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Imagine the war in your cities, Zelenskyy says as he pleads for more help from Canada

President appeared by video link from Ukraine where the Russian invasion is now in its 20th day
In this image from video provided by the Ukrainian Presidential Press Office and posted on Facebook early Saturday, March 12, 2022, Ukrainian President Volodymyr Zelenskyy speaks in Kyiv, Ukraine. THE CANADIAN PRESS/Ukrainian Presidential Press Office via AP

Ukrainian President Volodymyr Zelenskyy pleaded with Canadians to imagine the terror and horror unfolding in his country, to do more to close Ukraine’s skies to Russian bombs and to starve out every last dollar for Russia to fund its war.

Zelenskyy appeared by video link from Ukraine where the Russian invasion is now in its 20th day. The death toll confirmed by the United Nations is now close to 700.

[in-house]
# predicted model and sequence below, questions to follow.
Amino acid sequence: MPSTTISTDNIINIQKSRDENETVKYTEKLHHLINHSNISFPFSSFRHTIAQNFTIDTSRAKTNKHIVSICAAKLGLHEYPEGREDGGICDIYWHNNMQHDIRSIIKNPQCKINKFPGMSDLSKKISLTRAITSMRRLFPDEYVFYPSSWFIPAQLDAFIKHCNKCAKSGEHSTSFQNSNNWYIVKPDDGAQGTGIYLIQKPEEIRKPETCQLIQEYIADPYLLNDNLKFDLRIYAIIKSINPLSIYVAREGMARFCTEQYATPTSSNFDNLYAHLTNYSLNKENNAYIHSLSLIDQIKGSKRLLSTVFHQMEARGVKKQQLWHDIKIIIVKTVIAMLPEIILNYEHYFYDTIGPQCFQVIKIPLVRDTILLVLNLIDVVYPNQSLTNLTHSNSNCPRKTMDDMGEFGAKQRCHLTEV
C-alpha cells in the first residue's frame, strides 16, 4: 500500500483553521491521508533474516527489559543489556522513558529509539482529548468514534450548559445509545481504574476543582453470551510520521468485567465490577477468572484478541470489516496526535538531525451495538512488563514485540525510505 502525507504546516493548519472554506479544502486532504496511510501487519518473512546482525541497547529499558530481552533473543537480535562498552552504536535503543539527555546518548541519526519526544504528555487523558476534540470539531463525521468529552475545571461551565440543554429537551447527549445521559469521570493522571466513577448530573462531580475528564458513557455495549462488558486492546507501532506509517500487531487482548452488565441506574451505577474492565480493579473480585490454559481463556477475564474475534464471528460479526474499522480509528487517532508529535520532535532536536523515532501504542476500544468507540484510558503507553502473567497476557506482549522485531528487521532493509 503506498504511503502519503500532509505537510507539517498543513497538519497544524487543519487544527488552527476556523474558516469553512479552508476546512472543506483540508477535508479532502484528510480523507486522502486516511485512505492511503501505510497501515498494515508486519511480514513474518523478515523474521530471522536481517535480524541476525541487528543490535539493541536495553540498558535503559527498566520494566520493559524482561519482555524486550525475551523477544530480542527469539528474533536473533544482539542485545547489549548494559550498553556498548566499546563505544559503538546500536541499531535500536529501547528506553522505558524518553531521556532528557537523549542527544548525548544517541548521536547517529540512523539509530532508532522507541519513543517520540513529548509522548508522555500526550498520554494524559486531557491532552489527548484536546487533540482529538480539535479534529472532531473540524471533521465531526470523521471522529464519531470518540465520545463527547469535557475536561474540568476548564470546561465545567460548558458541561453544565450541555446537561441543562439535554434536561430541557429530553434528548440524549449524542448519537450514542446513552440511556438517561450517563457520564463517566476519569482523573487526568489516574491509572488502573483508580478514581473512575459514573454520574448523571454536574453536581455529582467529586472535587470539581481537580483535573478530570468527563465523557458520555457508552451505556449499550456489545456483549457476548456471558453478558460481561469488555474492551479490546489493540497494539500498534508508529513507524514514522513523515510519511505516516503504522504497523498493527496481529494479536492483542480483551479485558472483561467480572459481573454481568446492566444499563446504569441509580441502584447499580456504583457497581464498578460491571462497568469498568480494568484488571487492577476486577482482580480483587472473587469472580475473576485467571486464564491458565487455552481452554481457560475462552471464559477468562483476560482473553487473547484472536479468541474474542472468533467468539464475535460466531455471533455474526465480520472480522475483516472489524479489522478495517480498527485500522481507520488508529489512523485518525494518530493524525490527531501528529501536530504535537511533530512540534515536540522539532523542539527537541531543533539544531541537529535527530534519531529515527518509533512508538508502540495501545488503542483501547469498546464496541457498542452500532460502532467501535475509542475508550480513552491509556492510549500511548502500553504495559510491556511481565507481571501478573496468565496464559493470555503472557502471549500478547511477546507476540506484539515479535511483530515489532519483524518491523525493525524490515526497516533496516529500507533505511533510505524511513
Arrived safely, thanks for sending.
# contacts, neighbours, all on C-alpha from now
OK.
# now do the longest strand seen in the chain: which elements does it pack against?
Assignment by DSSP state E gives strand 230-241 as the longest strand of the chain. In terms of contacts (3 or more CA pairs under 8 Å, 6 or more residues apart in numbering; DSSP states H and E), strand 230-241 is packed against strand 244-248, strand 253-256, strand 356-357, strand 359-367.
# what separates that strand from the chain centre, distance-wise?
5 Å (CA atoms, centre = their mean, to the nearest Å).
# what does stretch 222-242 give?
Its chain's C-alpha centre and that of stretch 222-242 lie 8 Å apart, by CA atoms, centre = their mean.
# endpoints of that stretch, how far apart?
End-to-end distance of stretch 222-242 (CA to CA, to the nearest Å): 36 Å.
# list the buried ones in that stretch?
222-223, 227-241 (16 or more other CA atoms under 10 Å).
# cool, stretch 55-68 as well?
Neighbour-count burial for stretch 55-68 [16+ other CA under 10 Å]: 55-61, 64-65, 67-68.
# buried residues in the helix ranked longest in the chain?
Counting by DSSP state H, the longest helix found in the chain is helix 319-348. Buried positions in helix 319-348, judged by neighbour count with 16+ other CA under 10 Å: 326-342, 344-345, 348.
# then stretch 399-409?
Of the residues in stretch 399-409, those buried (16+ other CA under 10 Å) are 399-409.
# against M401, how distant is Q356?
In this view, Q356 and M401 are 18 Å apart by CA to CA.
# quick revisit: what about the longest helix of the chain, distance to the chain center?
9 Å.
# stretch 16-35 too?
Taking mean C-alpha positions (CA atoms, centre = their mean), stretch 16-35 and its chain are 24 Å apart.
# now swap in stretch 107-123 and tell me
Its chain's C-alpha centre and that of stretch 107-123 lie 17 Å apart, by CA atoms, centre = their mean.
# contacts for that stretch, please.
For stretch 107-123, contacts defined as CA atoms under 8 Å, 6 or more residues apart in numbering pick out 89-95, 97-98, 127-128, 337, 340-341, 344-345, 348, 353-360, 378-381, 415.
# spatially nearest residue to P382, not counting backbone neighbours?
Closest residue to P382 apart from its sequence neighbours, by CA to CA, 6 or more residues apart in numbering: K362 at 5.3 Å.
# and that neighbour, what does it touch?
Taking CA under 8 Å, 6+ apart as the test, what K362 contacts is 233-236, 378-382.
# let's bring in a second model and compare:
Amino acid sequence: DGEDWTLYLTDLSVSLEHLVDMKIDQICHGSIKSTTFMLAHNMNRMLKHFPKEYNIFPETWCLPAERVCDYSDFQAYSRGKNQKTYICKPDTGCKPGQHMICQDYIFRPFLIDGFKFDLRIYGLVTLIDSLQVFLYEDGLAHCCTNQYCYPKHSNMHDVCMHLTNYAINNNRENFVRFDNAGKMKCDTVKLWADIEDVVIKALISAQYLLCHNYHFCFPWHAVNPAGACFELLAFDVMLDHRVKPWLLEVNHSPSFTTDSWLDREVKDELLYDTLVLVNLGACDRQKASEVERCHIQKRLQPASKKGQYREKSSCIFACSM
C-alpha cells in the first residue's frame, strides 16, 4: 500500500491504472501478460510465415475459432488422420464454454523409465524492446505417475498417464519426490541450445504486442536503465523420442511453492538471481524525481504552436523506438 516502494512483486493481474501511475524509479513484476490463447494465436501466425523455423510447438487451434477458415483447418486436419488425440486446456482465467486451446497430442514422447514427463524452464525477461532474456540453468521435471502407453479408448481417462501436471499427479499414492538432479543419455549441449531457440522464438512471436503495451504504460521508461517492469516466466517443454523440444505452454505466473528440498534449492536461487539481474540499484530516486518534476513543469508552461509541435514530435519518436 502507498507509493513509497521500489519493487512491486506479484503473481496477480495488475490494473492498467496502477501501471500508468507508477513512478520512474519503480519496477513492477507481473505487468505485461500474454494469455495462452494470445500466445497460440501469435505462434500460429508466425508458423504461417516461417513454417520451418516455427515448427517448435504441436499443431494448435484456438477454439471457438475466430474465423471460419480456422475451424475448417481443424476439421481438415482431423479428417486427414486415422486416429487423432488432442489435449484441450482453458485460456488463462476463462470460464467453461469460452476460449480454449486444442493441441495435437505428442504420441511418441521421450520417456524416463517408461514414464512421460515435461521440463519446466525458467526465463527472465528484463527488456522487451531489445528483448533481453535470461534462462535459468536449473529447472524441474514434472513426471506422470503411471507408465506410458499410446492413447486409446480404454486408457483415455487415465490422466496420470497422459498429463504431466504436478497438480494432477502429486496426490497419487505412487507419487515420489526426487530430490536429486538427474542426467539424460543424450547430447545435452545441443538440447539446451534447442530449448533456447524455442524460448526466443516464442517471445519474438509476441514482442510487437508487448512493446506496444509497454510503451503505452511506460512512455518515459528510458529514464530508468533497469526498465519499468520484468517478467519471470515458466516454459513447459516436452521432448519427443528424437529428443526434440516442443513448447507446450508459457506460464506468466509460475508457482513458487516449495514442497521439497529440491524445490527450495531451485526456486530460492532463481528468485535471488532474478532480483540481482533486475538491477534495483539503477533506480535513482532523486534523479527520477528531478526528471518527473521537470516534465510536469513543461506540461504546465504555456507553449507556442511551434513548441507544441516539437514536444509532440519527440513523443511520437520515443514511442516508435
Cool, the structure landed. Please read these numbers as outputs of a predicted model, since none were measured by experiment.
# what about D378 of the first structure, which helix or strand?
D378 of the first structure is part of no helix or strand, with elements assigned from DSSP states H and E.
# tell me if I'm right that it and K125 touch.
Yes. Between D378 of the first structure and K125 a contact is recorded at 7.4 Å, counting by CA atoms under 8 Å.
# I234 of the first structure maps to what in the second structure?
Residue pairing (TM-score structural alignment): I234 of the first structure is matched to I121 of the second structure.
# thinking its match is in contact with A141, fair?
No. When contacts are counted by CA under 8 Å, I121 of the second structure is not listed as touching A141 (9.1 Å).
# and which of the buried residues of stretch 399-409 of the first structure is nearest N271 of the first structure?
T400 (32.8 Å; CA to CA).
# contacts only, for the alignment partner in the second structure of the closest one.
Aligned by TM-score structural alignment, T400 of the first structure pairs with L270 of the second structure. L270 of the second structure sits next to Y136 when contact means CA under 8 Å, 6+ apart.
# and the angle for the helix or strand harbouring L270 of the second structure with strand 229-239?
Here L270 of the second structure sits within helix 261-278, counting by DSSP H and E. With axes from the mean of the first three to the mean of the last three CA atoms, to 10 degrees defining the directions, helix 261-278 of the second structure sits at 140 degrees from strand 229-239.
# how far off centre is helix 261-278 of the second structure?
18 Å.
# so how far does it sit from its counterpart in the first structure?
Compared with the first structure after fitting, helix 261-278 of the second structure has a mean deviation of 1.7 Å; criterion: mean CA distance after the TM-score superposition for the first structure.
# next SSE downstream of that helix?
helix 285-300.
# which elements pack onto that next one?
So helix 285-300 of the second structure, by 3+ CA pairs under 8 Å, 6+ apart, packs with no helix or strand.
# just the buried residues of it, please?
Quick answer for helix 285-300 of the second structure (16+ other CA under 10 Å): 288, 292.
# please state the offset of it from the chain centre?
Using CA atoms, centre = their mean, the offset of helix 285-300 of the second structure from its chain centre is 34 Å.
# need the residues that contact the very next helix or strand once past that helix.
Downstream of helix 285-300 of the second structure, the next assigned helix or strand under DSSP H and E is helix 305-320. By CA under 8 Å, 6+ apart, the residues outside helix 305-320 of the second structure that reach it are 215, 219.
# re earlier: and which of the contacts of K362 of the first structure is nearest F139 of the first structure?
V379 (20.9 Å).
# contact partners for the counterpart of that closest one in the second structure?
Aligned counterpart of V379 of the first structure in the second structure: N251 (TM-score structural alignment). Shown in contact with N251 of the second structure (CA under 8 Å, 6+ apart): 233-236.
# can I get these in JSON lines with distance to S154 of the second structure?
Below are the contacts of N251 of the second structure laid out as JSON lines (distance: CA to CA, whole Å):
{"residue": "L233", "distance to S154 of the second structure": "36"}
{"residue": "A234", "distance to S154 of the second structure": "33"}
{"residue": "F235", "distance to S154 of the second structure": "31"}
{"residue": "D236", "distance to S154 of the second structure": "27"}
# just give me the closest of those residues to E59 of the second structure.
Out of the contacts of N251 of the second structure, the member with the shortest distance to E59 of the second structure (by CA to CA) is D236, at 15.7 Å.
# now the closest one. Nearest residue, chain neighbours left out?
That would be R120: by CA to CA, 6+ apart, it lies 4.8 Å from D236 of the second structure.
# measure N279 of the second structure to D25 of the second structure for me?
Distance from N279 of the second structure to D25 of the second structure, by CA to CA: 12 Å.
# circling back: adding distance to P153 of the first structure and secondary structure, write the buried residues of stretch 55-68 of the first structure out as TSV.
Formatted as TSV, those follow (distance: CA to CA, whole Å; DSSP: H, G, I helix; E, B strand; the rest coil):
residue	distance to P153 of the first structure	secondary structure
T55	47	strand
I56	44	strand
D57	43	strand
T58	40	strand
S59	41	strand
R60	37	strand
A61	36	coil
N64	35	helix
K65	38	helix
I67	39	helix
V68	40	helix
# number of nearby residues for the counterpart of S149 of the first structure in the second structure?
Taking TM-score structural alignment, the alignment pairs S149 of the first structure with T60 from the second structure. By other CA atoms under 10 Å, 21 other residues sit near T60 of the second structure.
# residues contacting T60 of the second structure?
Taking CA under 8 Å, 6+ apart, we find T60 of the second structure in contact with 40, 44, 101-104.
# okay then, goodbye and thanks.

The president said 97 of the dead are children.

“Every night is a horrible night,” he said, speaking in Ukrainian, to a crowded House of Commons where almost every MP, many senators, and dozens of members of the public gathered to listen.

“We are not asking for much. We’re asking for justice, for real support.”

In a speech lasting more than 20 minutes, he asked Canadians to imagine if Russian bombs were falling in cities like Vancouver, Edmonton or Toronto, or if it were their children asking why there was a war.

“Can you imagine when you call your friends, your friendly nations, and you ask, ‘Please close the sky, please close the airspace. Please stop the bombing. How many more cruise missiles have to fall on our cities before you make this happen?’” he said. “And they, in return, express their deep concerns about the situation … and they say, ‘Please hold on a little longer.’”

He said he does not wish the war on anyone but he wants, and needs, Canadians and others around the world to understand “what we feel every day. We want to live and we want to be victorious. We want to prevail for the sake of life.”